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Monday, June 25, 2012

How to Homeschool


How to Homeschool
Subtitle: Person who discovers I homeschool:  “Wow, you homeschool? I couldn’t do that...” 
Me: “Dude, I can’t either” 
Step 1: Know why you are homeschooling. It is a personal choice, but for me? I’m going to make this simple.  I am a teacher. I have been a teacher my entire adult life.  I will probably be a teacher until I die.  I know what I am doing.  In fact, MOST teachers know what they are doing.  So, parents, would you be so kind as to inform the government of this fact.  The day that people have that have never step foot inside a classroom stop telling people who have dedicated their entire lives to educating children how to do their job, I will happily trot my children back to the school system.  Until then, I’ve got this covered.   
Step 2: Pick your curriculum.  Believe it or not there are literally hundreds of different ways to homeschool your child, methods, boxed curriculum, writing your own lessons from the SOL tests (SOL actually does not mean S*$t outta luck here, although it should; they are stupid jeopardy-like standardized tests here in VA), etc.  You will need to shop around and see what is best for you. For you. Not that one know it all in your support group.  Just don’t smack her (See my post on 5/7/12).
Step 3: Send in your NOI. Here in the South that means your “Notice of Intent.” All it needs to say is “I will be homeschooling my kids X,Y, & Z this year and they are in grades A,B, & C.” It does NOT need to say “I actually want my kid to learn how to function in the real world and not just be skilled at TV trivia games shows and bubbling in small circles.” Or something of this like.  Simple is good here. 
Step 4: Map out your year.  You NEED a plan.  Trust me.  You need a start date, a finish date, and how far you want to get. And holidays.  I mean, there is a joke that homeschoolers don’t get snow days, etc.  Eh, I give ‘em snow days.  Counts as PE right? 
Step 5: Figure out who teaches what. Ok, so you are probably asking how in the world I do this AND teach full-time.  We tag team between myself, my husband and my mom.  It is GREAT.  My husband has a history degree (yeah, I know, I do too but I just end up going all Daniel Jackson on them and then I start to gush about certain cute celebs and it just goes nowhere, so I let hubby do it) so he’s got that, my mom has a science degree so she covers that and I do math and reading.  We do it all at times that fit around our jobs and it gives the kids multiple teachers. For electives, we take them to homeschool groups. Yeah, with OTHER KIDS.... OOOO.... EVIL.... I LET THEM SEE OTHER PEOPLE.... ;-)
Step 6: Be creative. Homeschooling is not just worksheets, it is field trips, life experiences and hands on learning.  You also might have to teach a bit unconventionally.  For example, my sister is a homeschooled rising senior and I am her math teacher (ok, so I lied about that math thing in an earlier post - sue me). Anyway, before you think I am a bad person for the conversation that follows, she is my SISTER and she is almost an adult:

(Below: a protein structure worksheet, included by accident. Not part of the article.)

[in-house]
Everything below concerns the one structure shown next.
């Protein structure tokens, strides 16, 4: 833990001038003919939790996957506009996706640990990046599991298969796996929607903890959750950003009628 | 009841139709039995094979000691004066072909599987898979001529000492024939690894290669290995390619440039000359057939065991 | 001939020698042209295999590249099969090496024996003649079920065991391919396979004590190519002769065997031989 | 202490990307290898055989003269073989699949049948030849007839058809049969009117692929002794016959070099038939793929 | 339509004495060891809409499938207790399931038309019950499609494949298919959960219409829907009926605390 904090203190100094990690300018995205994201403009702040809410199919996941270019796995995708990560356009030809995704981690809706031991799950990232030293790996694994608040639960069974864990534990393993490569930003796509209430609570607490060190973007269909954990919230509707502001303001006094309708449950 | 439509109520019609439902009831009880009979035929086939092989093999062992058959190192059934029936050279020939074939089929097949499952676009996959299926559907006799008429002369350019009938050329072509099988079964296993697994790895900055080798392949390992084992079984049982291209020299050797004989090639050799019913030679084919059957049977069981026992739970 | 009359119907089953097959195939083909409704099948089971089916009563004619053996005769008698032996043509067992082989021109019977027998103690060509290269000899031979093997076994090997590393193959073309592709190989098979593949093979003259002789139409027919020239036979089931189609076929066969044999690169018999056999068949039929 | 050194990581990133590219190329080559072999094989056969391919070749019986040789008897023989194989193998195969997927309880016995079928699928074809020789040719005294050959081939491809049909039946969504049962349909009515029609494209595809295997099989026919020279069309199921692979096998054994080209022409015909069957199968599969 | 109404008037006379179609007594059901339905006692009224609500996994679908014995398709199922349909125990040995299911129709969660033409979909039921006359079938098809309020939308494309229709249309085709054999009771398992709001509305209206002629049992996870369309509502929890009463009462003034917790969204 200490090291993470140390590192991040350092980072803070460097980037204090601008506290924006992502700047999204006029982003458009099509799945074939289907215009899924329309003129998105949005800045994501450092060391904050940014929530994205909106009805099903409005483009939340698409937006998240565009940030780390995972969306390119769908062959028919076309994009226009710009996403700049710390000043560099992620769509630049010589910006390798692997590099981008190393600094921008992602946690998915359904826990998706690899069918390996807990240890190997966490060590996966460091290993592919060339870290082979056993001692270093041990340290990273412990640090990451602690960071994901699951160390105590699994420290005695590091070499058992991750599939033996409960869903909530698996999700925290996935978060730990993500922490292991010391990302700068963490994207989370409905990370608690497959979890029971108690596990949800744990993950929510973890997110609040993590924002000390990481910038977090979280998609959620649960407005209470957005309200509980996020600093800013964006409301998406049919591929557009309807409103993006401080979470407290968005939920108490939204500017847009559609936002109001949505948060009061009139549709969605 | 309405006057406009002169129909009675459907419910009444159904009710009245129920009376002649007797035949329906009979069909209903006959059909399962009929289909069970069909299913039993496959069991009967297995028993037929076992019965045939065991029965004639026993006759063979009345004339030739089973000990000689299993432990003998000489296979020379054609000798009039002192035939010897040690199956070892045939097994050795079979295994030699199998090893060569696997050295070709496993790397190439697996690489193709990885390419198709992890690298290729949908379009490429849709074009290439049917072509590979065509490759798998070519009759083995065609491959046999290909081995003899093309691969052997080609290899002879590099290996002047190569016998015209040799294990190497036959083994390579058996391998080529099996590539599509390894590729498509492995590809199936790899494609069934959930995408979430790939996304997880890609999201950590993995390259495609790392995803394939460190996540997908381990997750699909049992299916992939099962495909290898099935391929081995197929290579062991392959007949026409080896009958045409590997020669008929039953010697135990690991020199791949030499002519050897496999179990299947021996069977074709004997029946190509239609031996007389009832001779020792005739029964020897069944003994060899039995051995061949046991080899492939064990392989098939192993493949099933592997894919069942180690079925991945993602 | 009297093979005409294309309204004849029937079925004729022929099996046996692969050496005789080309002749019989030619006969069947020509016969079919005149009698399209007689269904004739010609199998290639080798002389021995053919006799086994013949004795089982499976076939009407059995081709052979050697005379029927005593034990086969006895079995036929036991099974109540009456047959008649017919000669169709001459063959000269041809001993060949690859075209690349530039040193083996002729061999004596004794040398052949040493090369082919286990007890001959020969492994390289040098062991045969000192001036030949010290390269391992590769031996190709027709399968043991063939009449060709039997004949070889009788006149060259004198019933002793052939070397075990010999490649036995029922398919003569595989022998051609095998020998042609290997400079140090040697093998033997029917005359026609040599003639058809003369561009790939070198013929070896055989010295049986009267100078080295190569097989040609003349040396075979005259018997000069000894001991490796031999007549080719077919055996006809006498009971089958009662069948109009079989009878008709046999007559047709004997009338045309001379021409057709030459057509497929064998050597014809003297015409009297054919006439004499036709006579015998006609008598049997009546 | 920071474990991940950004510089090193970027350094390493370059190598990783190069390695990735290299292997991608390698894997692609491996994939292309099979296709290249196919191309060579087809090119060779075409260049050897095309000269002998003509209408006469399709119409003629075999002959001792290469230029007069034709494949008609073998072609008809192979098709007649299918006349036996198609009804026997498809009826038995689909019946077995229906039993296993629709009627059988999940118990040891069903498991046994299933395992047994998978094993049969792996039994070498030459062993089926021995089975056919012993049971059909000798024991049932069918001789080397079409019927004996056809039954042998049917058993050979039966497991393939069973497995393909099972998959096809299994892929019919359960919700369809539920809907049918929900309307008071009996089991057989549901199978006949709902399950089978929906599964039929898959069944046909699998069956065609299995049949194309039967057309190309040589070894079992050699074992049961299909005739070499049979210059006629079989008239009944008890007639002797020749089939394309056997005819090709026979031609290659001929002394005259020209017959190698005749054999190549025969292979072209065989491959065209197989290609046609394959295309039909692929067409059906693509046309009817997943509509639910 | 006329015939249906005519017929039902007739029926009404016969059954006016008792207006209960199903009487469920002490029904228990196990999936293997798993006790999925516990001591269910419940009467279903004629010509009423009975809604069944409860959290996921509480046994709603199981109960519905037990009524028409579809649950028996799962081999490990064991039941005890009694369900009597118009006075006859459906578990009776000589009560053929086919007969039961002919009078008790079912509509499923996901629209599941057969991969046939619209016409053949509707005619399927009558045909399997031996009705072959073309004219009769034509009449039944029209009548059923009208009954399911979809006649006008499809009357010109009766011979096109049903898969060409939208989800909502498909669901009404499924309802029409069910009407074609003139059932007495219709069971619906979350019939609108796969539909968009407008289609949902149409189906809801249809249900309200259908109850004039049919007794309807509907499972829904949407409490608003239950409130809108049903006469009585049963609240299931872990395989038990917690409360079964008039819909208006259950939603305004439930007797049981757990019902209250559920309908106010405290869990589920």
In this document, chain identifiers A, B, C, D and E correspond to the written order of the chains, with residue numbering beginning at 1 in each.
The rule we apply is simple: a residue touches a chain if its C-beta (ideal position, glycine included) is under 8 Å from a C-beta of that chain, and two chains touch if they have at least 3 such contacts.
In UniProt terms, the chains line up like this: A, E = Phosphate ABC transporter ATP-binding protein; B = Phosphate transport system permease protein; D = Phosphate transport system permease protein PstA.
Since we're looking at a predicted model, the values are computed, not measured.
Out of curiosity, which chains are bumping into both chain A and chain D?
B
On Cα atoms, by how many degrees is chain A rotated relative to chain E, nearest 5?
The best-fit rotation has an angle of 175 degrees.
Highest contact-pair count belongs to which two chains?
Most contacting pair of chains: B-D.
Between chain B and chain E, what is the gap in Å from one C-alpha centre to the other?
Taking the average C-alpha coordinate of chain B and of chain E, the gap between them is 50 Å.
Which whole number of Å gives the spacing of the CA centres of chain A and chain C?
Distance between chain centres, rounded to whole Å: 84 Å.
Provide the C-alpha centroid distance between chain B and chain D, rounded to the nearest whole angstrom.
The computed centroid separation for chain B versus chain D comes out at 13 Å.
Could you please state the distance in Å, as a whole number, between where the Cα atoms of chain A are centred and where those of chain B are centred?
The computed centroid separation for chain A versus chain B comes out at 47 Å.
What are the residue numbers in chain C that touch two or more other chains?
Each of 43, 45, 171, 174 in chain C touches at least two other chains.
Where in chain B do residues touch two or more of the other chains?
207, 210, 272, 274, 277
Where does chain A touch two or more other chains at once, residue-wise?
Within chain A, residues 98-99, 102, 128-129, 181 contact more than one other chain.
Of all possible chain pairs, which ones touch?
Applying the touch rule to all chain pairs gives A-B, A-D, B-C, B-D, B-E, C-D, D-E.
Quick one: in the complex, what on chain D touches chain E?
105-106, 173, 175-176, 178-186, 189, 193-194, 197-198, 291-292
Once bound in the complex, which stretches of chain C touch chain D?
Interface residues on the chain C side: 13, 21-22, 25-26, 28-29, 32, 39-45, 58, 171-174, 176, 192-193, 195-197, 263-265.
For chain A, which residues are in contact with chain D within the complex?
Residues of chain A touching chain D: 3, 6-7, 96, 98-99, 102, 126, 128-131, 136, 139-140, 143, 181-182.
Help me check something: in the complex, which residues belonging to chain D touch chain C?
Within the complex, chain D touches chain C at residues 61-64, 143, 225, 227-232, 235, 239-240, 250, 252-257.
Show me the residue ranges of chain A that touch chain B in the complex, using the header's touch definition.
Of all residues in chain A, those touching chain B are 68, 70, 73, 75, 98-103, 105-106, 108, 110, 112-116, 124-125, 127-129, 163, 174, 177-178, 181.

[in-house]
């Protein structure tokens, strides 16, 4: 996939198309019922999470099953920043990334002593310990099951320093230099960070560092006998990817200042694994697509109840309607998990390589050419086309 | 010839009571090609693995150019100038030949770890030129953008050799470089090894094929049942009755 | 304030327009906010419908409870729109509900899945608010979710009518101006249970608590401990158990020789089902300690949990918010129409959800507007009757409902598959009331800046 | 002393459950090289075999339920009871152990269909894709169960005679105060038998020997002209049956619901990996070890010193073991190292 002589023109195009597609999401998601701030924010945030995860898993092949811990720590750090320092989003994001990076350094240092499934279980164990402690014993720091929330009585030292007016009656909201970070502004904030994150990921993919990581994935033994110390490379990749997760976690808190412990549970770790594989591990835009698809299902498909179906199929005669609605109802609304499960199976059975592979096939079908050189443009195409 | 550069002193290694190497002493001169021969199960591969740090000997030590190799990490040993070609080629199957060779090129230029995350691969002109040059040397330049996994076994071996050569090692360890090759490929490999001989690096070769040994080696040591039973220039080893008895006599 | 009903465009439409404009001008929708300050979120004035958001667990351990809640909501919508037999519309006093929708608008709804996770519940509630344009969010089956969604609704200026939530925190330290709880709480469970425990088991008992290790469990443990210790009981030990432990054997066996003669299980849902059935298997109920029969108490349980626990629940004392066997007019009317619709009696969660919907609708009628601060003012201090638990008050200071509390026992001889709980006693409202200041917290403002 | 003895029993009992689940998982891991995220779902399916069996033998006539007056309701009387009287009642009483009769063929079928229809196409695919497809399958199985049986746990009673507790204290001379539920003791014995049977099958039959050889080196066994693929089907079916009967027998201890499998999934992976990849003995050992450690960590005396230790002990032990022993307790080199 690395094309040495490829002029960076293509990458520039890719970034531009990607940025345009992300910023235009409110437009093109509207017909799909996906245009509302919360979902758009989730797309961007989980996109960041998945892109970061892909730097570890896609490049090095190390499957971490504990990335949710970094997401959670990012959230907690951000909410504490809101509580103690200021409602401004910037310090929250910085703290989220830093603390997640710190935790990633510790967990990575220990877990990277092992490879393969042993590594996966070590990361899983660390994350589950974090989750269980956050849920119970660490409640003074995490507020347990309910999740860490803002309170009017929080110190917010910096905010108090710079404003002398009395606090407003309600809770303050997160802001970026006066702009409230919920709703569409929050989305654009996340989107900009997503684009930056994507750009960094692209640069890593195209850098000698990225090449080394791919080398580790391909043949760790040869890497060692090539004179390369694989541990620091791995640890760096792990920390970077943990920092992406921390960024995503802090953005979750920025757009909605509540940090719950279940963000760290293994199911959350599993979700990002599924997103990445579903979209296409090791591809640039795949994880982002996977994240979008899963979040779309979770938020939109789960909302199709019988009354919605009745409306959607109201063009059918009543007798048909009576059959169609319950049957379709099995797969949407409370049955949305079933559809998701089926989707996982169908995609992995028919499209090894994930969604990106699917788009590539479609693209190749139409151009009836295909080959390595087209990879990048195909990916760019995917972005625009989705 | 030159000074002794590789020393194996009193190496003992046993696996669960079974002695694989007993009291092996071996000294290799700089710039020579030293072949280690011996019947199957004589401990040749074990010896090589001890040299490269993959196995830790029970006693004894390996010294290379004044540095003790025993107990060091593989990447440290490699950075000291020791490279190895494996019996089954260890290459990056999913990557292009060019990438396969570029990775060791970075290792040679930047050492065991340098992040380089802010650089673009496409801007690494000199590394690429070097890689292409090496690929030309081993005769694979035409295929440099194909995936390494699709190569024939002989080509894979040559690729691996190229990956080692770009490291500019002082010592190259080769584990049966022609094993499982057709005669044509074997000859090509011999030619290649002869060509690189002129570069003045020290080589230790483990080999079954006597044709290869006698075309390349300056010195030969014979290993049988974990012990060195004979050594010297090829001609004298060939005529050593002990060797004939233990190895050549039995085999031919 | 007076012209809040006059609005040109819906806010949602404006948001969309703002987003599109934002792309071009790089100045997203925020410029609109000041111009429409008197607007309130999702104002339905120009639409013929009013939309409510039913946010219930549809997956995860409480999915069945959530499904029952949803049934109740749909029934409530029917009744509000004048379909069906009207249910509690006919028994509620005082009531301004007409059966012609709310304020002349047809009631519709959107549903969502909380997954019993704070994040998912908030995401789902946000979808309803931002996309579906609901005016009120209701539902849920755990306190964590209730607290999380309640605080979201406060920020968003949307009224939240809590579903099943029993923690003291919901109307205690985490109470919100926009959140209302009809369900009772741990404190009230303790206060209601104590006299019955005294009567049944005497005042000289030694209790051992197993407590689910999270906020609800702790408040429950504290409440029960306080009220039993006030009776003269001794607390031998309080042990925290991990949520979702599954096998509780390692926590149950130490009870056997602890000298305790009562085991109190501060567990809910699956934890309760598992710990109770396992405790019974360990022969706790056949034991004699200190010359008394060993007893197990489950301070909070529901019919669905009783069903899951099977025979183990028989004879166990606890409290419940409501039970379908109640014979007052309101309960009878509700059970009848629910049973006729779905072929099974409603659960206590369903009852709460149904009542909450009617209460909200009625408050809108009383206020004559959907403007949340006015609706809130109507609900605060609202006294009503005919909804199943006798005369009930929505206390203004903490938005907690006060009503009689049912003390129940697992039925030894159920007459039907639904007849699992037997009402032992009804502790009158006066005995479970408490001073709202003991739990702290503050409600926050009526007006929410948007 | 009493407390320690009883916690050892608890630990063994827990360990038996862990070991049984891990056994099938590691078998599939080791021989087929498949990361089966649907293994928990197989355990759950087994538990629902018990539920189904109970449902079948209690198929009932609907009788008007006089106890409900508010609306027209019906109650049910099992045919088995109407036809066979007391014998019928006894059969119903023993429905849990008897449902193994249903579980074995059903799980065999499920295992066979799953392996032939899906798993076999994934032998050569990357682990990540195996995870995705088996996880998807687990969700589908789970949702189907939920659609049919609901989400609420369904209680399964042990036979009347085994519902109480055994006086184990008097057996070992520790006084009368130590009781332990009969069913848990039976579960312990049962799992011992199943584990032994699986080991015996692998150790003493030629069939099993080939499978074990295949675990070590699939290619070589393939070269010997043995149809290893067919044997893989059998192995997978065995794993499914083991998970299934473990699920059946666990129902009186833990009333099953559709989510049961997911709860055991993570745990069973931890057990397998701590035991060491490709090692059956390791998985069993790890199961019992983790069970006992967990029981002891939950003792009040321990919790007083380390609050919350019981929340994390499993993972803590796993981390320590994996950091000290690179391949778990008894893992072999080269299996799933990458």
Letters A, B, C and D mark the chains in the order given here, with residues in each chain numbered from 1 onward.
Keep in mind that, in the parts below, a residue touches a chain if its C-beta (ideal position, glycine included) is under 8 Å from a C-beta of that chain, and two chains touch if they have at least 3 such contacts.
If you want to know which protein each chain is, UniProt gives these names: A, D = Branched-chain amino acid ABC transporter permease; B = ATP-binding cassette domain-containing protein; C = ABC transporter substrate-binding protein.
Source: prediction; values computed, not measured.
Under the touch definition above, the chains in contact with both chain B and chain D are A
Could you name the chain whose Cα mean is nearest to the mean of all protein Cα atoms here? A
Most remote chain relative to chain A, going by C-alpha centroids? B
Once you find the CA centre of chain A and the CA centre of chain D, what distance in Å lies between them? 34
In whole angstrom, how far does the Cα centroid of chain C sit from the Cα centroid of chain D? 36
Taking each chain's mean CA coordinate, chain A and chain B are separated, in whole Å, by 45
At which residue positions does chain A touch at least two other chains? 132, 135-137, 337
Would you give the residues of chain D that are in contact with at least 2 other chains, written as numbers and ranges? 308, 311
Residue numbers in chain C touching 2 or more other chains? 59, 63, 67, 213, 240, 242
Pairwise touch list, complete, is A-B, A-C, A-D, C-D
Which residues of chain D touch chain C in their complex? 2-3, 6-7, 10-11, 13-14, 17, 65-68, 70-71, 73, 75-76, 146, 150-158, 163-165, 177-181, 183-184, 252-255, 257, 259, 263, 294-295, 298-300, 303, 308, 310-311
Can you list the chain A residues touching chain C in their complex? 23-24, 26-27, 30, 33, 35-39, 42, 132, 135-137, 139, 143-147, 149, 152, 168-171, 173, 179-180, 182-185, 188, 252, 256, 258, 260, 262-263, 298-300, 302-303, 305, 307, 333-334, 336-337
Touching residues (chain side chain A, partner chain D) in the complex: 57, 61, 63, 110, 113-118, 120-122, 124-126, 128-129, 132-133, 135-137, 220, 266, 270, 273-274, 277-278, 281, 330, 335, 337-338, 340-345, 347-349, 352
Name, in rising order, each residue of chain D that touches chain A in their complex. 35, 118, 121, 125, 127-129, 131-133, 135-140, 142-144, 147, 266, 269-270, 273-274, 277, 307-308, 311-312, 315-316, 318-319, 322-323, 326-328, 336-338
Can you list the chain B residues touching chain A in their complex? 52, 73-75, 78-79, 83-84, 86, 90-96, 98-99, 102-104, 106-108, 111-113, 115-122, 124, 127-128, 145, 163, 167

Bri: Reading from a textbook: You know that squaring a number and taking the square root of a number are inverse operations.  But how would you evaluate an expression that contains a fractional exponent? 
Mary: Excuse me, what? 
Bri: Sometimes b&*ches have fractions.
Mary: Oh
Bri: And yet that is what made sense to you.  
Think my method is unusual? Well, you should have seen her bust out those radical expressions.  I’m that good... 
Step 7: Socialization. Eep!! It is the buzzword of homeschooling. “Are you worried about socialization?” Uh, no, have you met my kids? They would talk to a wall if they thought the wall would provide worthwhile conversation.  Have you met Hot Roommate? He talks more than me and he’s not even Southern. In fact, as I have mentioned, we Southerns will talk to anyone at anytime, so homeschooling for me is a no brainer. It just means that are actually quiet in class for once.  
Step 8: PE. The second criticism that you will get is what about extracurriculars activities and PE. “Do your kids just stay in the house all day?” Yep, that is EXACTLY what they do.  In fact, they have heavy iron shackles that they wear so that they remain seated when they are not translating he Bible from Ancient Greek to English.  Come on, really? Besides the fact that PE was just invented to make the school day longer and because we have become a country of porkers, my kids get something a lot of schools are cutting out.  They get to PLAY OUTSIDE. What a novel idea!!! AND they still play ball, do yoga and the other things after school hours like every other kid.  
Step 9: Don’t take criticism to heart.  Really, we all worry too darn much about what others think. And the best part is that most of your critics will act like they are suddenly experts in education, overnight, even though they have never interacted with children before other than seeing your when they come over to dinner.  I AM an education professional.  You are just fine.  And if you are really worried, message me/tweet me. It’s cool - I will answer questions about this! 
Step 10:  The wine. Oh lordy you will need it.  I teach all day other peoples kids and mine at night or in between. It is insanity. Once those little boogers are konked in bed I am poised and ready to go, Vino Tinto in mano and Mr. Canadian Hot Pants on the TV.  Because everyone needs an outlet.  I just have two...

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